Debunking the main myths surrounding Aspergers

There are a lot of myths surrounding Aspergers which make life a lot harder for those of us living with it on a day to day basis. In this post, my aim is to explore these myths and then explain what the truth actually is.

Myth Number 1-people with Aspergers are prone to acts of violence. This opinion has become more prevalent since the atrocity that took place at Sandy Hook Elementary School last December. Adam Lanza, who committed this awful crime, was reported widely by the media to have a diagnosis of Aspergers. Since then, there has been a lot of mistrust and fear of people with Aspergers, particularly in the United States. 

However, the majority of people with Aspergers that I know condemn Lanza’s actions just like everybody else. What he did was wrong and evil-no matter how much someone is suffering in their personal life, there is never an excuse for a crime like this. People with Aspergers are not inherently violent-indeed, in a recent discussion held on the Facebook group “Adults With Aspergers Syndrome” about this very topic, the majority of people in the discussion had never been violent to another person in their whole life. There are different personality types associated with Aspergers, just as personality differs in people who aren’t on the spectrum (but that’s another myth I’ll come on to later) and a significant number of people with Aspergers, including myself, are passive and dislike, even fear, confrontation. We would do absolutely anything to avoid inflicting pain on another person yet we are viewed by others as “dangerous” and “unstable”. Indeed a large majority of people with Aspergers have experienced or are still experiencing extreme levels of bullying, leading, in some cases, to suicide (as the Autism Memorial site I link to on my blogroll shows), and also Post Traumatic Stress Disorder. Most of the time, these victims don’t fight back. Luckily I have not suffered in my personal life due to this highly damaging misconception that we are all violent and unstable but just reading through the relevant discussion on the Facebook page I’ve just mentioned shows that some people with Aspergers living in the United States have experienced active discrimination since last December (I’m not going to mention the specifics on here as I haven’t checked that it’s OK but it’s on the Facebook page) because people fear us. You don’t need to be scared of us-we are people just like you who happen to have issues with social interaction, non verbal communication, sensory processing and obsessions-that’s all.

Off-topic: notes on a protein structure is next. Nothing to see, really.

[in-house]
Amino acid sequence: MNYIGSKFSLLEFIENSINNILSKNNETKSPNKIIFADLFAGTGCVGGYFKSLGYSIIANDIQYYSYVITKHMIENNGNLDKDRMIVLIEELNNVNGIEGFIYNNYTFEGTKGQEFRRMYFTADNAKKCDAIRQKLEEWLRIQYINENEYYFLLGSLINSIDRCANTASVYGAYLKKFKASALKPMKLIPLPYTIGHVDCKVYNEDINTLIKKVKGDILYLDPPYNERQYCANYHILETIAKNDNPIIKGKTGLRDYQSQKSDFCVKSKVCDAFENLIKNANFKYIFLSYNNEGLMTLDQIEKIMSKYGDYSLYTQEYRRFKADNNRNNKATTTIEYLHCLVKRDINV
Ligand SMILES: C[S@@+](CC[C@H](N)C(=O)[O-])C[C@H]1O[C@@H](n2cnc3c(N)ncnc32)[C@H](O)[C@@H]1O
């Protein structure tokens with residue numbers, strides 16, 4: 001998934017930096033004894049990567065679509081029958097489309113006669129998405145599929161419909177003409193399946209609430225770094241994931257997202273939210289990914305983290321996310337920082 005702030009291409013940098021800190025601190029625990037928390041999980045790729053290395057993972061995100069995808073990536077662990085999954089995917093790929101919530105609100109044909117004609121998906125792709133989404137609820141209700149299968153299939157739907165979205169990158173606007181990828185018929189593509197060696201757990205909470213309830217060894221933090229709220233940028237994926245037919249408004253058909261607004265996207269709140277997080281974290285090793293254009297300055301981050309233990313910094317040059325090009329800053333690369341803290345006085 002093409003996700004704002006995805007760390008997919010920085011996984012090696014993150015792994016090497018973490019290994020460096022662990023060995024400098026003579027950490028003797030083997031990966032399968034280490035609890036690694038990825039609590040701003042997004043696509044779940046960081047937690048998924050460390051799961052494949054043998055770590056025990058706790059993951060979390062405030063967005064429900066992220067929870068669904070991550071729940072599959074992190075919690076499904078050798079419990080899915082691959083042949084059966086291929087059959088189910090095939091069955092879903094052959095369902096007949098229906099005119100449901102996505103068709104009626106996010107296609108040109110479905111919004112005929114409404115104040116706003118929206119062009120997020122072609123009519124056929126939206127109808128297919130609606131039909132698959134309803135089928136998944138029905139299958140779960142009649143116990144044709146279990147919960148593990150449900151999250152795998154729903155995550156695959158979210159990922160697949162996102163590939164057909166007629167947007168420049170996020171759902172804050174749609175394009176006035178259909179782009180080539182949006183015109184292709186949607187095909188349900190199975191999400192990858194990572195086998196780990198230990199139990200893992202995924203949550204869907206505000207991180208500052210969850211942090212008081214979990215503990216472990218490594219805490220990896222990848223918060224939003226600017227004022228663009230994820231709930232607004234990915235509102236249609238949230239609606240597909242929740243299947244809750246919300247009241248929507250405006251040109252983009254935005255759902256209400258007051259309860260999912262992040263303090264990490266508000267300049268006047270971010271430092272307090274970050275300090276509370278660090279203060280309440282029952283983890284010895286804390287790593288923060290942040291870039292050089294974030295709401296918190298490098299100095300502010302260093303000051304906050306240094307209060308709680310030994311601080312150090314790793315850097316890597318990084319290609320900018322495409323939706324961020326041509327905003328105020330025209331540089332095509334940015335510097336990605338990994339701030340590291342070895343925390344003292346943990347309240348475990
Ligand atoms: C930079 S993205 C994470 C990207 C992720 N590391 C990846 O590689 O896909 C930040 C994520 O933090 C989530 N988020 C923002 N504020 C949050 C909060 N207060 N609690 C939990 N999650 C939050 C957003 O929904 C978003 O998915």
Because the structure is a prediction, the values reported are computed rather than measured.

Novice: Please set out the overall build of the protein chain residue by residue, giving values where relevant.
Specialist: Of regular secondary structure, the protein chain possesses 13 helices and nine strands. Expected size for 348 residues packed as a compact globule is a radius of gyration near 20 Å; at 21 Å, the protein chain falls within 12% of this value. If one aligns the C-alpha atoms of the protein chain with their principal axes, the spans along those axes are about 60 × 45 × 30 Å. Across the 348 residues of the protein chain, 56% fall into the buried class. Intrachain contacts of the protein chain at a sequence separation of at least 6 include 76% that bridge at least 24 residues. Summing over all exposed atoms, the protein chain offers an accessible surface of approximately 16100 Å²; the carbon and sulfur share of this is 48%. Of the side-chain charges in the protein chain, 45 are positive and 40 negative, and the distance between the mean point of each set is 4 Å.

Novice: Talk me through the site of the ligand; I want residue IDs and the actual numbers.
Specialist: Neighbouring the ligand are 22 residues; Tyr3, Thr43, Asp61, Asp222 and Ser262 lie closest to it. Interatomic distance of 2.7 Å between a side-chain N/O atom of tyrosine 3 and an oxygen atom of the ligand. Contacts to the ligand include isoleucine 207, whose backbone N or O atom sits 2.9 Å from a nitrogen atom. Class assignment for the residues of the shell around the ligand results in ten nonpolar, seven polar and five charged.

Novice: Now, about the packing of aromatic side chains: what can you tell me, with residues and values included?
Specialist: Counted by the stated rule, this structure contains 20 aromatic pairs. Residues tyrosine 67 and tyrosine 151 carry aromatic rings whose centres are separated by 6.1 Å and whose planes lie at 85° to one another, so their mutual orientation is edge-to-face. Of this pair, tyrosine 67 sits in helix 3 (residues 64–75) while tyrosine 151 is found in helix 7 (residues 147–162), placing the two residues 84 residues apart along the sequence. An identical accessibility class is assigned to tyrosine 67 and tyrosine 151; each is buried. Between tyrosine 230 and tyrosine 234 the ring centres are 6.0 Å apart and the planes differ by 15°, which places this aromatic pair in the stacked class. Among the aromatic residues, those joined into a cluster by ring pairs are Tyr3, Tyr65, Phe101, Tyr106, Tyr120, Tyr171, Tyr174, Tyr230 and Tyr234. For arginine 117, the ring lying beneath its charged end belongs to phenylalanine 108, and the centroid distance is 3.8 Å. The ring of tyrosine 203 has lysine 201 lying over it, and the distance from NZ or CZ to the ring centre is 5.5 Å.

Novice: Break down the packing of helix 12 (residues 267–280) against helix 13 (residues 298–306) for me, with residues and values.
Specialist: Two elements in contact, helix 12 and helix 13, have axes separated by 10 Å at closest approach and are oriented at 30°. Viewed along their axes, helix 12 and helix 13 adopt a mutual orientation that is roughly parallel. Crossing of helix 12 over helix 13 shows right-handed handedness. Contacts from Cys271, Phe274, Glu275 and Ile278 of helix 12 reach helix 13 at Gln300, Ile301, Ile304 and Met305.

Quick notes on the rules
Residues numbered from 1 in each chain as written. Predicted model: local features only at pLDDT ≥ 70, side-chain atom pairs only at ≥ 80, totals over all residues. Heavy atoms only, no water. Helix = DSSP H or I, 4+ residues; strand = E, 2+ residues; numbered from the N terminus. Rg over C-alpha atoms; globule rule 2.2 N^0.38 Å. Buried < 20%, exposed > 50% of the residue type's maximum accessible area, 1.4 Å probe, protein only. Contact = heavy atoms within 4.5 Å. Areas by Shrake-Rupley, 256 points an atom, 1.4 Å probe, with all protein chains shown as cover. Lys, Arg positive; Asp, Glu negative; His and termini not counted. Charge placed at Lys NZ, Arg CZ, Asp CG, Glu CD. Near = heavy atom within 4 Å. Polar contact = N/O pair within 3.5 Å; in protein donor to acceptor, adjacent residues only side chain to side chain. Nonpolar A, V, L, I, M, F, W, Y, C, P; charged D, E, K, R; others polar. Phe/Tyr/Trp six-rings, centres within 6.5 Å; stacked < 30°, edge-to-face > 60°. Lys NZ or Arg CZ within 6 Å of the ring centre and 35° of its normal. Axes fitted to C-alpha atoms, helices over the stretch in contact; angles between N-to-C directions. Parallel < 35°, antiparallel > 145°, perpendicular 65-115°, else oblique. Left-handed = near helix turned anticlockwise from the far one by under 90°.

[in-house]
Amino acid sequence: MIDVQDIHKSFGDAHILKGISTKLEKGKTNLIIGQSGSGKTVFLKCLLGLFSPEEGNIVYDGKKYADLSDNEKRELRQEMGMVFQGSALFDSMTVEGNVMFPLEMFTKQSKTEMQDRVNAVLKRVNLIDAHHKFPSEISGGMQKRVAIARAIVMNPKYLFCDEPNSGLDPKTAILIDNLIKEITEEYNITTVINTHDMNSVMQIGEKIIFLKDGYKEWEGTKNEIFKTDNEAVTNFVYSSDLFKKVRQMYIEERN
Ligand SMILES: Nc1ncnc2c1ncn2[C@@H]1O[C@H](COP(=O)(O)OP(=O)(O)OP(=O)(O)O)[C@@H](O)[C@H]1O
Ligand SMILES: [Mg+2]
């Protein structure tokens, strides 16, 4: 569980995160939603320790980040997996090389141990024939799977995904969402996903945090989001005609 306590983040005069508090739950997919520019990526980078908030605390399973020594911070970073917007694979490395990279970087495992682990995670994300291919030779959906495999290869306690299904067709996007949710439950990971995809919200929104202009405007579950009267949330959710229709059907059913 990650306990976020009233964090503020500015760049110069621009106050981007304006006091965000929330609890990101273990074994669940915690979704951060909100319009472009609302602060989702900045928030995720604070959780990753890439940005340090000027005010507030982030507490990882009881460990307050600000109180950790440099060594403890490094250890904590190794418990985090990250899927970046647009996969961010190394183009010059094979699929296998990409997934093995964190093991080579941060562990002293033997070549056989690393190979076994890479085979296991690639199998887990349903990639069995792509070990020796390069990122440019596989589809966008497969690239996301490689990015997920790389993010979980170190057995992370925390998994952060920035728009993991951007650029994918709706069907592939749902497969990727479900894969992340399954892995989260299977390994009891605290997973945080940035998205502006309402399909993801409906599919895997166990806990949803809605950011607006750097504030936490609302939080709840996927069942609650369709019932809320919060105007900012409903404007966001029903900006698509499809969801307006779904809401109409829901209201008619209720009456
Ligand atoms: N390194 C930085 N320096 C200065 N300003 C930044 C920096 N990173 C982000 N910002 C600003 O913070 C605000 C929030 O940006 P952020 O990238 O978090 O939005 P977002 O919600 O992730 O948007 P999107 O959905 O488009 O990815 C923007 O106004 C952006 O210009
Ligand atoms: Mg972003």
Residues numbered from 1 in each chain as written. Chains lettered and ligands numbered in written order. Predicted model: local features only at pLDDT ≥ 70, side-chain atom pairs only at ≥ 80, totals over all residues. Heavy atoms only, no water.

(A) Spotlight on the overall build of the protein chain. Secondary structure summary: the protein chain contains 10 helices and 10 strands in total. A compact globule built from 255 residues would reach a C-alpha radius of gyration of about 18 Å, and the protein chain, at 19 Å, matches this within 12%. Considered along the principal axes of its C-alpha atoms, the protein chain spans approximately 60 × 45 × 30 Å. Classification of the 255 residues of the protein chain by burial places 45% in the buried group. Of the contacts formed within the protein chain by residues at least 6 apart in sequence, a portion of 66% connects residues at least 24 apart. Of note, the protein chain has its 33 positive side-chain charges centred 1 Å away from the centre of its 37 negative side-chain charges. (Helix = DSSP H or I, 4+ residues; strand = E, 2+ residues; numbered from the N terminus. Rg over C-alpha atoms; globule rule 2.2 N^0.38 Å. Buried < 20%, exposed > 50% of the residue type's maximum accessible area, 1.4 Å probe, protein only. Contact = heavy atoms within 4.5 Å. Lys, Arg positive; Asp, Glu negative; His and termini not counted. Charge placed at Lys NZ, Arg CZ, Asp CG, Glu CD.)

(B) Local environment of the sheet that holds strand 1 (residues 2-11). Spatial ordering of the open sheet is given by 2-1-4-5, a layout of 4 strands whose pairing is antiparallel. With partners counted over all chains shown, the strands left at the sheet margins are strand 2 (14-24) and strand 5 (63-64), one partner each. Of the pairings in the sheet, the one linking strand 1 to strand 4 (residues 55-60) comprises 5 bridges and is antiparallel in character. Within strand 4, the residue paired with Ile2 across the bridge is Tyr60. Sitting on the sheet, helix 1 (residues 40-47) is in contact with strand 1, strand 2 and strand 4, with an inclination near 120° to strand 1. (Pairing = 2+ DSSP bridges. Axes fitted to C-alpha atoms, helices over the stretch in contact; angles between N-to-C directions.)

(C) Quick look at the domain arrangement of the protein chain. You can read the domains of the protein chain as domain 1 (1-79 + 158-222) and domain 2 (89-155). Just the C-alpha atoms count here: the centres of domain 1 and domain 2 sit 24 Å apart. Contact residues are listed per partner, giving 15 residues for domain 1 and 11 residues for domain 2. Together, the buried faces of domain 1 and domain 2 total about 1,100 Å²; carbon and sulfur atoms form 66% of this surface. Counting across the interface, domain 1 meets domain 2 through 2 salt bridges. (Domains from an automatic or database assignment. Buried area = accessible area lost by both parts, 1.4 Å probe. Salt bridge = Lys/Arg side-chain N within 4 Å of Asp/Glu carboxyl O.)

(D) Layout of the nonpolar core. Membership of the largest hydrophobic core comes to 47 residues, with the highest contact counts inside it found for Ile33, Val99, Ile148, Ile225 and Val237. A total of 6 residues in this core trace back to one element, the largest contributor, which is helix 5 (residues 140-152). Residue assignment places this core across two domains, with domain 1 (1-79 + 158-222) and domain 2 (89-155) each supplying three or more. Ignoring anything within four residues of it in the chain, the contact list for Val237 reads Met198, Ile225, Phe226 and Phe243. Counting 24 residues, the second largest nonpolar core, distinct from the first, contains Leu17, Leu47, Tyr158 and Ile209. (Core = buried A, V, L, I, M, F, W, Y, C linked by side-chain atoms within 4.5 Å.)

Myth Number 2-people with Aspergers lack empathy.

There are actually different components to empathy. There is cognitive empathy (the ability to perceive what another person is thinking) and affective empathy (sensing how another person is feeling emotionally). Many people with Aspergers, including myself, at times, struggle with cognitive empathy and score lower than people without Aspergers in this area when undergoing psychological tests. However, we tend to score the same or higher in tests which involve affective empathy. Most of us do recognise emotions both in ourselves and in other people-this spans across the whole autism spectrum-even some people diagnosed with severe autism recognise tears and respond by showing kindness. Indeed, a common thought in the autism community online is that, far from not feeling emotions, we actually feel them more strongly than other people and therefore are so overwhelmed by other people’s emotional states that it comes across as not caring because we don’t know how to express what we are feeling. A lot of people with Aspergers are actually very sympathetic and compassionate people-we may not always show it in the “normal” way but that does not mean that we do not share other people’s pain or indeed happiness. A common way of responding to distress, for example, is to hug the person who is in distress. I personally struggle with this because I don’t really “do” hugs and, when I do, they are awkward which usually makes the other person feel worse so I try to help verbally instead. However, just because I don’t give people hugs when they are upset, it doesn’t mean that I don’t care or can’t see that they are upset.

Myth Number 3-all people with Aspergers are Maths/Computing geniuses.